The Cleage family moved from 24th street to 6429 Scotten Ave. in 1920, between January and July 10. I visited this house once when I was about 22 months old. My parents and I traveled by train to Detroit for a visit. At that time my father was pastor of St. John’s Congregational Church in Springfield, Massachusetts. I remember nothing about that visit, unfortunately. I never asked my father or my aunts and uncles to describe the house for me. Luckily someone took a front and side view of the house and there were some photographs taken inside the house, not necessarily in the 1920s.
In 1930 the house was worth $10,500, according to the census. By 1940, it was only worth $5,000. Perhaps because they were just coming out of the depression in 1940? It was a large brick house and I’m sure they filled it up with seven children, two parents and a couple of dogs. I think that the boy’s rooms were in the attic. I will share some photographs of the house over the years. They lived there until 1948 when they moved to Atkinson Street.
12 thoughts on “S – SCOTTEN Avenue – Cleage home 1920”
I was trying to make out what books were on the bookshelf… 😀
The Multicolored Diary
There were some good ones. I found ‘Kristin Lavransdatter” on their shelf years later.
I love that you were able to get a photo of the house. It’s always sad when an ancestral home is not longer there, but nice to see it live on here — along with your own photos of the interior.
Yes. I am glad to be able to see what it looked like.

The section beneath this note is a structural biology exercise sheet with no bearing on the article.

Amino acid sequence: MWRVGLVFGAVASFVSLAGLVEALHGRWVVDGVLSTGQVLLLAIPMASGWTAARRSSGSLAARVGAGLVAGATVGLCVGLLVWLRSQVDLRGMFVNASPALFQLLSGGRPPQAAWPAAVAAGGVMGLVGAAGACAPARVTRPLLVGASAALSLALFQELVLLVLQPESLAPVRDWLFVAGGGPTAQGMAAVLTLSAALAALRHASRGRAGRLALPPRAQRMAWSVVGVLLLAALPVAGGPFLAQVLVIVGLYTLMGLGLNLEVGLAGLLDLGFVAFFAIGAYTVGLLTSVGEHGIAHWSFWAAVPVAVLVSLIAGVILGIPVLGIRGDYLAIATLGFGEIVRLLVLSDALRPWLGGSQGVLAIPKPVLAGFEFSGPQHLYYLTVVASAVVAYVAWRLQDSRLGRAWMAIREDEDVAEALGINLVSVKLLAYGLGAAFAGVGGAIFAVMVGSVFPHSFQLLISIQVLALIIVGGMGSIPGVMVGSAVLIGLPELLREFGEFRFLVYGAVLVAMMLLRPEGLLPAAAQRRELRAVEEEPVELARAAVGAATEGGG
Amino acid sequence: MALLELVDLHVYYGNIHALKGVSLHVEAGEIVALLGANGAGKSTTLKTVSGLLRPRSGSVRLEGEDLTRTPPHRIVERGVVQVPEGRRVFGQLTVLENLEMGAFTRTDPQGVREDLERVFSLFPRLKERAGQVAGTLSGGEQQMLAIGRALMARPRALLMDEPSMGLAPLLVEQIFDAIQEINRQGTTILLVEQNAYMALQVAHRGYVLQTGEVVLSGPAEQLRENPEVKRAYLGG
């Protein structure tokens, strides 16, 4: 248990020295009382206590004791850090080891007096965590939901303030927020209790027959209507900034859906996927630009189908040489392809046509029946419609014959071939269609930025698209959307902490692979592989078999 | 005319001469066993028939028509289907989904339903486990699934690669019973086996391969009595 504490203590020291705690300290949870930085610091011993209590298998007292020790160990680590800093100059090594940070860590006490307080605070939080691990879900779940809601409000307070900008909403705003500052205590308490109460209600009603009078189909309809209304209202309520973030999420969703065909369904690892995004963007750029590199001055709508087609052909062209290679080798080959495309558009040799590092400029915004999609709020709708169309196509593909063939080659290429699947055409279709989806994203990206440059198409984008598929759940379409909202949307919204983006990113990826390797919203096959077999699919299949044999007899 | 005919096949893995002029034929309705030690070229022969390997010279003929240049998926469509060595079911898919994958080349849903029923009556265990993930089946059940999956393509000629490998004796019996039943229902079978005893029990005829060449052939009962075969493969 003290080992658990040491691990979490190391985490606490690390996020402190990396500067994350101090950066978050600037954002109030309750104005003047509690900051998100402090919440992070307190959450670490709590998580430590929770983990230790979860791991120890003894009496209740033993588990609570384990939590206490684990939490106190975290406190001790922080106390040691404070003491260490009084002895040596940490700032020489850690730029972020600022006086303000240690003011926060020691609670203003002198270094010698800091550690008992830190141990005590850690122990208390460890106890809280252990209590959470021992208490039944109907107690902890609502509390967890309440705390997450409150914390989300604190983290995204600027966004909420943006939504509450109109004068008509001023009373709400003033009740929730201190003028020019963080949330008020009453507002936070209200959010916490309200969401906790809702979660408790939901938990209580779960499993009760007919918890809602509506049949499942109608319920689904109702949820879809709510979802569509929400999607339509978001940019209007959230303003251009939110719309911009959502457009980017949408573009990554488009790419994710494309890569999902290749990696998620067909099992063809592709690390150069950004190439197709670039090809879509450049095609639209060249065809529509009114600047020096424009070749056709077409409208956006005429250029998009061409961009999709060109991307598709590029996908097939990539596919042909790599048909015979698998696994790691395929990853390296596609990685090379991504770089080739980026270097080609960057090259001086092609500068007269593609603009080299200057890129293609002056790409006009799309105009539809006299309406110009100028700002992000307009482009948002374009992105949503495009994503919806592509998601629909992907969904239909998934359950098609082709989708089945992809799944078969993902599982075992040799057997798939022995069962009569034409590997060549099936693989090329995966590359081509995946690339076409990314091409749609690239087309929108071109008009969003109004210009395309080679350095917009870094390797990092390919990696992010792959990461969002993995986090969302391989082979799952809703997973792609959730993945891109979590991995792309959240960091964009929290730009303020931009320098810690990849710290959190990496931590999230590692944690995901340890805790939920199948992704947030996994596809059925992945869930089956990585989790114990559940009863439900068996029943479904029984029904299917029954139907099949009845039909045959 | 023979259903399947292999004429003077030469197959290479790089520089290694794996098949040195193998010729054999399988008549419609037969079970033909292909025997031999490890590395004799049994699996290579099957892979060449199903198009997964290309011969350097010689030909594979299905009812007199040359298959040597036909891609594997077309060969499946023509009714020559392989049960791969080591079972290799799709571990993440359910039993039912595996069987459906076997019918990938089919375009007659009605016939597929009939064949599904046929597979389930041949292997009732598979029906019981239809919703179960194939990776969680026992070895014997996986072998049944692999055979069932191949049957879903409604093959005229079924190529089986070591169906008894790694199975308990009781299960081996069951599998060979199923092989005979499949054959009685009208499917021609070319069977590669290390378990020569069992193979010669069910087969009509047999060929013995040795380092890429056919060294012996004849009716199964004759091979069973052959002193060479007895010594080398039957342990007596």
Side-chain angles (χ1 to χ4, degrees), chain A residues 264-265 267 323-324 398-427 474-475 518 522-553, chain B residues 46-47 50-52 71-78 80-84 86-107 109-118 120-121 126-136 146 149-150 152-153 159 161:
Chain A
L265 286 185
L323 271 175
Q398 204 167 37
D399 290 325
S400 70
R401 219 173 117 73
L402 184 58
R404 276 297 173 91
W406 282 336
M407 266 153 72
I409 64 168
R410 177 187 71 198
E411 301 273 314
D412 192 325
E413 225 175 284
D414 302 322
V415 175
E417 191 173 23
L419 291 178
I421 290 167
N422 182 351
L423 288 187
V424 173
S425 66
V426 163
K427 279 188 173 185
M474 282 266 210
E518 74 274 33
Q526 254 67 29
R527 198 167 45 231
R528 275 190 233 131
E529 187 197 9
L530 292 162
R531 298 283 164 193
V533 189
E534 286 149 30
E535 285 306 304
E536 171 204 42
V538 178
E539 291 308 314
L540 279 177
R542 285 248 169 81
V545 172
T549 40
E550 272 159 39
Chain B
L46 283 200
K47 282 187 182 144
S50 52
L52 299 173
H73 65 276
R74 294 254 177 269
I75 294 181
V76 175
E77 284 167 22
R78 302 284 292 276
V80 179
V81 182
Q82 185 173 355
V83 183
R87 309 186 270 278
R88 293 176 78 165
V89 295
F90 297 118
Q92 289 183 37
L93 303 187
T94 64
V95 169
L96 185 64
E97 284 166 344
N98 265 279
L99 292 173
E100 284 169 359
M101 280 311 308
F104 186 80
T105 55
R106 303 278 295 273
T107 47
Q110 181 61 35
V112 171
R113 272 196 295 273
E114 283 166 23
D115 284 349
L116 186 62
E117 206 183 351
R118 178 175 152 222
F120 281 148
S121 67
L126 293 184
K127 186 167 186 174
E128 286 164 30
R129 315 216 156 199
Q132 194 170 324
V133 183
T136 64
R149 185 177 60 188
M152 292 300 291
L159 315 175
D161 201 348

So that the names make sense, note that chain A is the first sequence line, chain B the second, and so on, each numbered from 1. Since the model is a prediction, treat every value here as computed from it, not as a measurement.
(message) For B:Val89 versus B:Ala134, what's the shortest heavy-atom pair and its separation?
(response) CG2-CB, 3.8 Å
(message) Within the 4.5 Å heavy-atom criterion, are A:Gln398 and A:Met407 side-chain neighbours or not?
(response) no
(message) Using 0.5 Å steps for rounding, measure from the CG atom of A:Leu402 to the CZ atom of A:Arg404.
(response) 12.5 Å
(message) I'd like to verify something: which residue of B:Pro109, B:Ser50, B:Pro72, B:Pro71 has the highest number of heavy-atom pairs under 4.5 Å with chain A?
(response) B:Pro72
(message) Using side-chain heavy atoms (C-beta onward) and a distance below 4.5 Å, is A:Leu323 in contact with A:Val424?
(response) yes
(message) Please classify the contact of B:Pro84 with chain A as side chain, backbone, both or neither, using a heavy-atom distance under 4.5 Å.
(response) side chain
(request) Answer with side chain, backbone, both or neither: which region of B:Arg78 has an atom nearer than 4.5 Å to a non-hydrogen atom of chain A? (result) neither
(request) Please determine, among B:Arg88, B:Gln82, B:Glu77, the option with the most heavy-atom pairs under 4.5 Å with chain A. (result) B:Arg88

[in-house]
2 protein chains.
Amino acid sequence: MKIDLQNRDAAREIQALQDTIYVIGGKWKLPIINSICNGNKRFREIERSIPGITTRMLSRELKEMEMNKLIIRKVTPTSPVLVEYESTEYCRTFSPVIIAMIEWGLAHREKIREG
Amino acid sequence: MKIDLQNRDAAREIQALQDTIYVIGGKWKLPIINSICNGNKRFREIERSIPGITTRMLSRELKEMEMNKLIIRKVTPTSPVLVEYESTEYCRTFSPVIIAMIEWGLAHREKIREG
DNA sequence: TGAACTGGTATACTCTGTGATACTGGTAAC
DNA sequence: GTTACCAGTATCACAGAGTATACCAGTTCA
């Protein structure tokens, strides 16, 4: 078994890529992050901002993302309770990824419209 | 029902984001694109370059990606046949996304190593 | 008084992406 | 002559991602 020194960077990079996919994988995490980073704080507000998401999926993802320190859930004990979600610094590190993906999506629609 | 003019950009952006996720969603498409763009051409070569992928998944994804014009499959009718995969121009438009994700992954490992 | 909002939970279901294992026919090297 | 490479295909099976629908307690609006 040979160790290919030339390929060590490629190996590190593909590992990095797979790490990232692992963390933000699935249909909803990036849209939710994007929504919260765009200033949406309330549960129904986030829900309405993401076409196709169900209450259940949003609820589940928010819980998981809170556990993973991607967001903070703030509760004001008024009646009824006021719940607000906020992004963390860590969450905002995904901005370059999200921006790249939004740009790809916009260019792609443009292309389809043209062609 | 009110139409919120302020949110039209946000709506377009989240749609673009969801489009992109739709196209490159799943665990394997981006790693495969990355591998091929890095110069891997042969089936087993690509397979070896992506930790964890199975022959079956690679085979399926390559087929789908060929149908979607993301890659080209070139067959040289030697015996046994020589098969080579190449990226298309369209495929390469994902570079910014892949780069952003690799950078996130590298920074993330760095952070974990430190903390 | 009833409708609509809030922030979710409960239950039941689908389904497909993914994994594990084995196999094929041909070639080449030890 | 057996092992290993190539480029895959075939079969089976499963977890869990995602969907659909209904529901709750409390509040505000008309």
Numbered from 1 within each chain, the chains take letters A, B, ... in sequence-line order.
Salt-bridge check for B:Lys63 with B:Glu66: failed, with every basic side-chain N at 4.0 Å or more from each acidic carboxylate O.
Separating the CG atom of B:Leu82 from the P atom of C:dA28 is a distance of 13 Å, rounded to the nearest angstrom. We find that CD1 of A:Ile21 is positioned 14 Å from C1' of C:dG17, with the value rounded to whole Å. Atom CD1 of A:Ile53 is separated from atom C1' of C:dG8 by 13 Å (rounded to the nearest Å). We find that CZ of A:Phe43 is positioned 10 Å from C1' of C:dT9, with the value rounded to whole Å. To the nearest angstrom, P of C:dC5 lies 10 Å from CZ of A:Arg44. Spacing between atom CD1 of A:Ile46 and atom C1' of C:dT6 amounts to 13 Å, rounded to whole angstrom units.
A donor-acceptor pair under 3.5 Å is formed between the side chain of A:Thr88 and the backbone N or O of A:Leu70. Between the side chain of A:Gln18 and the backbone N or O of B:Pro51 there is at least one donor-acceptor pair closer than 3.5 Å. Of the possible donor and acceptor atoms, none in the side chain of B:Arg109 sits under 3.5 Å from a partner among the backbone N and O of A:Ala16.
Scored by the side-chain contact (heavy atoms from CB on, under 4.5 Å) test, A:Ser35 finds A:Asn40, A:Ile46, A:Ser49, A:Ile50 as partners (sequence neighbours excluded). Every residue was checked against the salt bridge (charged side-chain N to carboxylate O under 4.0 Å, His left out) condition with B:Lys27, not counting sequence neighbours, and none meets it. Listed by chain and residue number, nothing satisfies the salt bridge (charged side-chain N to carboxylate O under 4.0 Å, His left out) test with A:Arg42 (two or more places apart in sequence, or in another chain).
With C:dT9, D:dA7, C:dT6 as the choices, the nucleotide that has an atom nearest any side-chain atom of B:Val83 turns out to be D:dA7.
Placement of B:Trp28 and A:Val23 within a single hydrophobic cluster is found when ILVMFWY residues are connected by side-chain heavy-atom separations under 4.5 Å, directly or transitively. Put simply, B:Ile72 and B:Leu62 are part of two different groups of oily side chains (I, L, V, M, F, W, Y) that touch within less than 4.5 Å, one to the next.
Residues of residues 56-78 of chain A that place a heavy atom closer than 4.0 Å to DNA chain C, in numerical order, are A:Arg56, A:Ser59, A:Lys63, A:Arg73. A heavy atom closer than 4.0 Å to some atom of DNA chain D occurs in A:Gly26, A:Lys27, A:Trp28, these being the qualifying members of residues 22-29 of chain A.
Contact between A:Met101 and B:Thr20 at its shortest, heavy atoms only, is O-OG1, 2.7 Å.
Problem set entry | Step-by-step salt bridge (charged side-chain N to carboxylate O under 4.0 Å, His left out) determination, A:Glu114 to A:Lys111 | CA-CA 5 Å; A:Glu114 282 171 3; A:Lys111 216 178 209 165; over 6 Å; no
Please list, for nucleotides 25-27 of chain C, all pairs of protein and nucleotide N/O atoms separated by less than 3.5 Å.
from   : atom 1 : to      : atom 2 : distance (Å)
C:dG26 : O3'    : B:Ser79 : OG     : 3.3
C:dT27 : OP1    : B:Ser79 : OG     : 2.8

Unusual to have interior shots from that era. Your family were keen photographers.
My mother’s side of the family has no inside photos except a few from one thanksgiving that my uncle Henry Cleage took.
What a nice big BRICK home. Quality!
It looks huge. It took up most of the lot.
Fascinating. (I’ve always wanted to live in a brick house.) I noticed the television on the desk in Albert and Louis’ room. (Now who’s Louis? I thought he was an uncle who lived down south and that Albert was the eldest son. I’m totally confused–we need a 1920s family tree to refer to!)
I also like the photos of your grandparents and the photo of you with the little boy. Would that have been taken on your visit when you were 22 months old?
The photo of Barbara with books reminded me that in India in that era photos of women in educated professional families were taken next to books. I think it might have been to show how enlightened the family was–that they were committed to education for women.
I have lived in a few brick houses and I can’t say that I noticed a difference between them and frame houses. Why did you want to live in a brick house?
A television in the early 1940s? It couldn’t be! It must be something else. That isn’t the most focused photo. It was in a little black album and very small, less than 2 inches square. Most of these photos were from that album, as a matter of fact. I do see a telephone and a microscope. Louis became a doctor, so it must be his.
I will try and do a family tree for you. Louis is the second son. He has a page for “L”. He was named after his father’s father, Louis Cleage. The uncle in Athens was Edward.
Yes, that was on my visit to Detroit. I found a news clipping about that trip. It was 3 weeks long. I was christened during that trip. And my aunt Barbara got me some red shoes.
I think there were so many books and bookcases around the house that it just happened that she was in front of a bookcase.
Loved the photos.
Such a pity the house is no longer standing. It looks like it was a very nice house.
The Old Shelter – Living the Twenties
I wish I remembered what it was like inside. Or had queried my aunts and uncles and father about it.
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